Why I’m leaving paradise

I can’t count how many times I’ve heard people say, “I wish I could give everything up and move to a hut on the beach.” Well, you can. I did! And it was the best thing I’ve ever done for myself. The year I spent in Playas del Coco, Costa Rica, most of the time in a tiny one-room house surrounded by ear-splitting roosters and howler monkeys, was the happiest of my life.

Despite those loud animals, I conquered my life-long insomnia. Plugged in to an adventurous community of expats and travelers like me, I made friends from all over the world. And in my pueblo, I made friends with whom I could truly be myself. In fact, I can honestly say that I was more myself this year than at any other time in my life. Continue Reading »»

Sailing, sailing…

Spend a year in a fishing village, and you’ll get quite used to being on a boat. But of all my days at sea, I’d never been sailing. So when my friend Heather invited me to join her on her 45-foot Sea Bird one Sunday morning, I leapt at the chance!

Coco had suffered through pouring rain for days, but we woke up that Sunday to sunny skies. Already fearing that I’d soon be leaving my little beachfront pueblo, Lisa and I decided to make it a celebratory sail. On the way to Ocotal beach, we picked up two bottles of champagne. We’d barely left shore when we popped the first one open! We toasted our bubbly as a handful of dolphins played about 20 feet away. Continue Reading »»

My first review!

Almost exactly six months after I started my blog, I Wish Gap Year gave me my first review. And it couldn’t have been nicer! The reviewer really spent some time reading my blog, which means so much… especially since this magazine editor greatly appreciates reporters and writers who do their homework. This was completely unexpected and so, so exciting for me. I can’t thank I Wish Gap Year enough! Show them some love — their site is a fantastic resource for anyone looking to take a gap year abroad. Eleven months into my stay in Costa Rica, it’s a move I clearly support!

Read my review here: Blog Focus: The Jungle Princess

A Perfect Storm

Some trips seem so much like a slam dunk that it’s hard to get excited for them. My last such adventure? A week in San Juan del Sur, Nicaragua. My friend Denise invited me, to leave the very next day after I got home from a week in NYC. I love Denise; I figured I’d like her friends. I love San Juan, and I love the beach; easy, peasy. Instead of thinking about it at ALL, I spent weeks getting pumped about NYC. Poor Nicaragua was an afterthought, an “Oh, I almost forgot that I have one night to unpack and re-pack my bags, even though I live in the tropics without a dryer and thus have no idea how I’m going to manage such a fast turnaround.” Continue Reading »»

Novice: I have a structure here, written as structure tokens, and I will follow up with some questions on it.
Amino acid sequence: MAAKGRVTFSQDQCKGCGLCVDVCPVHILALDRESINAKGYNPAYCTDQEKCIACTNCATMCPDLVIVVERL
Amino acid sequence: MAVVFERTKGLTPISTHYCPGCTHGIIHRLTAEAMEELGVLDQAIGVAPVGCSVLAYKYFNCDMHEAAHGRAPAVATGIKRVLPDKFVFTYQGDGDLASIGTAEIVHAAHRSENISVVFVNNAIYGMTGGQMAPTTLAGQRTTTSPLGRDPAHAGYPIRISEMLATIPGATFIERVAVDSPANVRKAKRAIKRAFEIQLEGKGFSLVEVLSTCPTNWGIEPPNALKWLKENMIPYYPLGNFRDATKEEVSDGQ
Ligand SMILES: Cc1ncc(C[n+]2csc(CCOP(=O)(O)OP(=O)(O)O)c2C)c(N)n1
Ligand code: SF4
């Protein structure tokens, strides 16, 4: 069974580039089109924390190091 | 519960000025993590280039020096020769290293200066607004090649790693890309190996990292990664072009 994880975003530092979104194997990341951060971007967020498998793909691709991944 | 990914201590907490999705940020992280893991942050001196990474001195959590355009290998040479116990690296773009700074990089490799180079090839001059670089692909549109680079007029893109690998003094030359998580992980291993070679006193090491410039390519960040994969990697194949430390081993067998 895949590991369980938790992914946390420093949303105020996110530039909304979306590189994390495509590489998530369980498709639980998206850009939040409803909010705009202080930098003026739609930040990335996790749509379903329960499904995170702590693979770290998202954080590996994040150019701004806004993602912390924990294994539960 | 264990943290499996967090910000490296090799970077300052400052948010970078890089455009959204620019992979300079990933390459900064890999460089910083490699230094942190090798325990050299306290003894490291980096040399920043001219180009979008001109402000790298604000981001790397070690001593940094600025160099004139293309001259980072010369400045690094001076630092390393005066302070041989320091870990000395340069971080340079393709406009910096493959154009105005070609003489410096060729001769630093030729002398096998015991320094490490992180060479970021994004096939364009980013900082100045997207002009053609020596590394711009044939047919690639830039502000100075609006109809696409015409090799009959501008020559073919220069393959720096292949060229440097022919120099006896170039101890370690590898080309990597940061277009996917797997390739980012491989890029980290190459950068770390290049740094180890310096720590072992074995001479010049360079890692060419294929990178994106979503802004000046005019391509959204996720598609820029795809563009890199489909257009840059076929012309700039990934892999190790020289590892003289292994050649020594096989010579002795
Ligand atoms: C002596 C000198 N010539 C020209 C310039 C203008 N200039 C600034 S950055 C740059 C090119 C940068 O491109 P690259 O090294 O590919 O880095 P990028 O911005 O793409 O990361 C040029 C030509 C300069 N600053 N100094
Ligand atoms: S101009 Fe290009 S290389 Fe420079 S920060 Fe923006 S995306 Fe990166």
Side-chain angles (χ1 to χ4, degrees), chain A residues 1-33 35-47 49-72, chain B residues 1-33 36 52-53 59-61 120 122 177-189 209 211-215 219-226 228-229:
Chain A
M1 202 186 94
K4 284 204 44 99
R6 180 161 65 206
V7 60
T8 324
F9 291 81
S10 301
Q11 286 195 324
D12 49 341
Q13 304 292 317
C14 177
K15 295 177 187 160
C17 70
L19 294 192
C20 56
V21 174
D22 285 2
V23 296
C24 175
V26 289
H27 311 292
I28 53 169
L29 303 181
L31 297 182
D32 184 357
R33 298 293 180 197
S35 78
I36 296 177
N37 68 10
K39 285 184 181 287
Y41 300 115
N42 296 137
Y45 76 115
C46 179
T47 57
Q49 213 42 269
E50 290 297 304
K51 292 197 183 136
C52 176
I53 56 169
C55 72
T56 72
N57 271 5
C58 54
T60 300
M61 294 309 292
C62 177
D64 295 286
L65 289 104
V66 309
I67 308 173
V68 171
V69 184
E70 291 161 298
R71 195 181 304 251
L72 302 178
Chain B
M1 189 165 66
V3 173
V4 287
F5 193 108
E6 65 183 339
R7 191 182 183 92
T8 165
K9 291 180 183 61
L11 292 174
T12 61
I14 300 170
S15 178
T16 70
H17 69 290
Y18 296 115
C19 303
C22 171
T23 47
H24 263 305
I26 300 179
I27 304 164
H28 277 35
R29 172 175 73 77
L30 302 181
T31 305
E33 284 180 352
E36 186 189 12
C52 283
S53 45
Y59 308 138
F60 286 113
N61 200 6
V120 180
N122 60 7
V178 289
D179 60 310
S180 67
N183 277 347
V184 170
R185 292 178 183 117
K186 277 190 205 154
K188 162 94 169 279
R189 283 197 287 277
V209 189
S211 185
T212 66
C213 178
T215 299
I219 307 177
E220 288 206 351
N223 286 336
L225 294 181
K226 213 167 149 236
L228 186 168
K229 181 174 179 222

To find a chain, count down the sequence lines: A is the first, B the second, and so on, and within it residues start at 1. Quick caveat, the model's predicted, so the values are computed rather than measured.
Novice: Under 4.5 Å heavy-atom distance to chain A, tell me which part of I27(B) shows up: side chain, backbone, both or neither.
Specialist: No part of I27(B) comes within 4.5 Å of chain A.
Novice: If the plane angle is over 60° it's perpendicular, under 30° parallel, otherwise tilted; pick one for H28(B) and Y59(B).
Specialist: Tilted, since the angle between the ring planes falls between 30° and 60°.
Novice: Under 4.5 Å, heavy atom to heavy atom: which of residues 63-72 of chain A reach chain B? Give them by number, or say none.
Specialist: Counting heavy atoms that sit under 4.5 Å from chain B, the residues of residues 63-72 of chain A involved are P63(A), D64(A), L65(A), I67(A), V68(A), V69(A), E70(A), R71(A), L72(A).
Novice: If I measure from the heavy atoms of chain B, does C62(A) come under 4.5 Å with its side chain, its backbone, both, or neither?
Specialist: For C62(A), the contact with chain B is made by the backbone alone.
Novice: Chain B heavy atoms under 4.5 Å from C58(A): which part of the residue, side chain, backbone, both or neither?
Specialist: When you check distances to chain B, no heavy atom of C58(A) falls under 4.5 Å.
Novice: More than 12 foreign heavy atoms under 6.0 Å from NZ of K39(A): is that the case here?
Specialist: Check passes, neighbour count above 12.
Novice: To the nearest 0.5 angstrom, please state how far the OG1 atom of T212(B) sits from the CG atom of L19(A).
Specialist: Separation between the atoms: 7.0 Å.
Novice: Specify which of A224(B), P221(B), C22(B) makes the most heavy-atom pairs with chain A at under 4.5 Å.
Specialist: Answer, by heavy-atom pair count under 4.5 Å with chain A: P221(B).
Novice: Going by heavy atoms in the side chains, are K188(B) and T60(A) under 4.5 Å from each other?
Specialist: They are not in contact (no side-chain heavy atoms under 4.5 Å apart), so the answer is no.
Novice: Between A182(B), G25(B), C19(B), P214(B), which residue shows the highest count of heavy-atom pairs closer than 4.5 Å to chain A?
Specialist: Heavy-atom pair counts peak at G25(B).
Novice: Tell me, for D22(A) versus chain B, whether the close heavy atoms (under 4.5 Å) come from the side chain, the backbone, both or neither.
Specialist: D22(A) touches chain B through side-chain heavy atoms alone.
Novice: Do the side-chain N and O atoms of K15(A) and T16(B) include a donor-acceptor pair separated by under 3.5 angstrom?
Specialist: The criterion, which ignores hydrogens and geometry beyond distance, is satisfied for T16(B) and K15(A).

Thank you, NYC

Ten months after I moved to a small fishing village in Costa Rica, I’ve come to an interesting revelation: I most feel at home in Coco (population: 3000) because of the time I spent in New York City. I’ve moved around so much, that those five years living in Manhattan are my record, as long as I’ve lived anywhere. From there, I moved to Austin, Las Vegas and Los Angeles, all which ended up being temporary stops. Now? I’ve got NYC on the brain. Here are the surprising ways that living in the big city eventually turned me into a small town girl.

1. My first house in Costa Rica was only slightly bigger than a Yukon, but I’m used to cramped space. In NYC, my bedroom was the size of my bed. (Literally. I had to climb off the foot in order to get off it.) Continue Reading »»

Camera-ready in Costa Rica

Trying (unsuccessfully) to diet, getting my hair done, worrying about my limited wardrobe… Either I had a date, or I was going to be immortalized on film. Stop laughing out loud about my dating prospects in this tiny town. I don’t hear you anyway, because I’m too busy staying camera-ready!

An old friend of mine, Matt Gross (of New York Times’ Frugal Traveler fame) visited me for a whirlwind film shoot for an excellent travel/expat show he’s pitching, Strangers in Strange Lands. Little Coco might never be the same. Continue Reading »»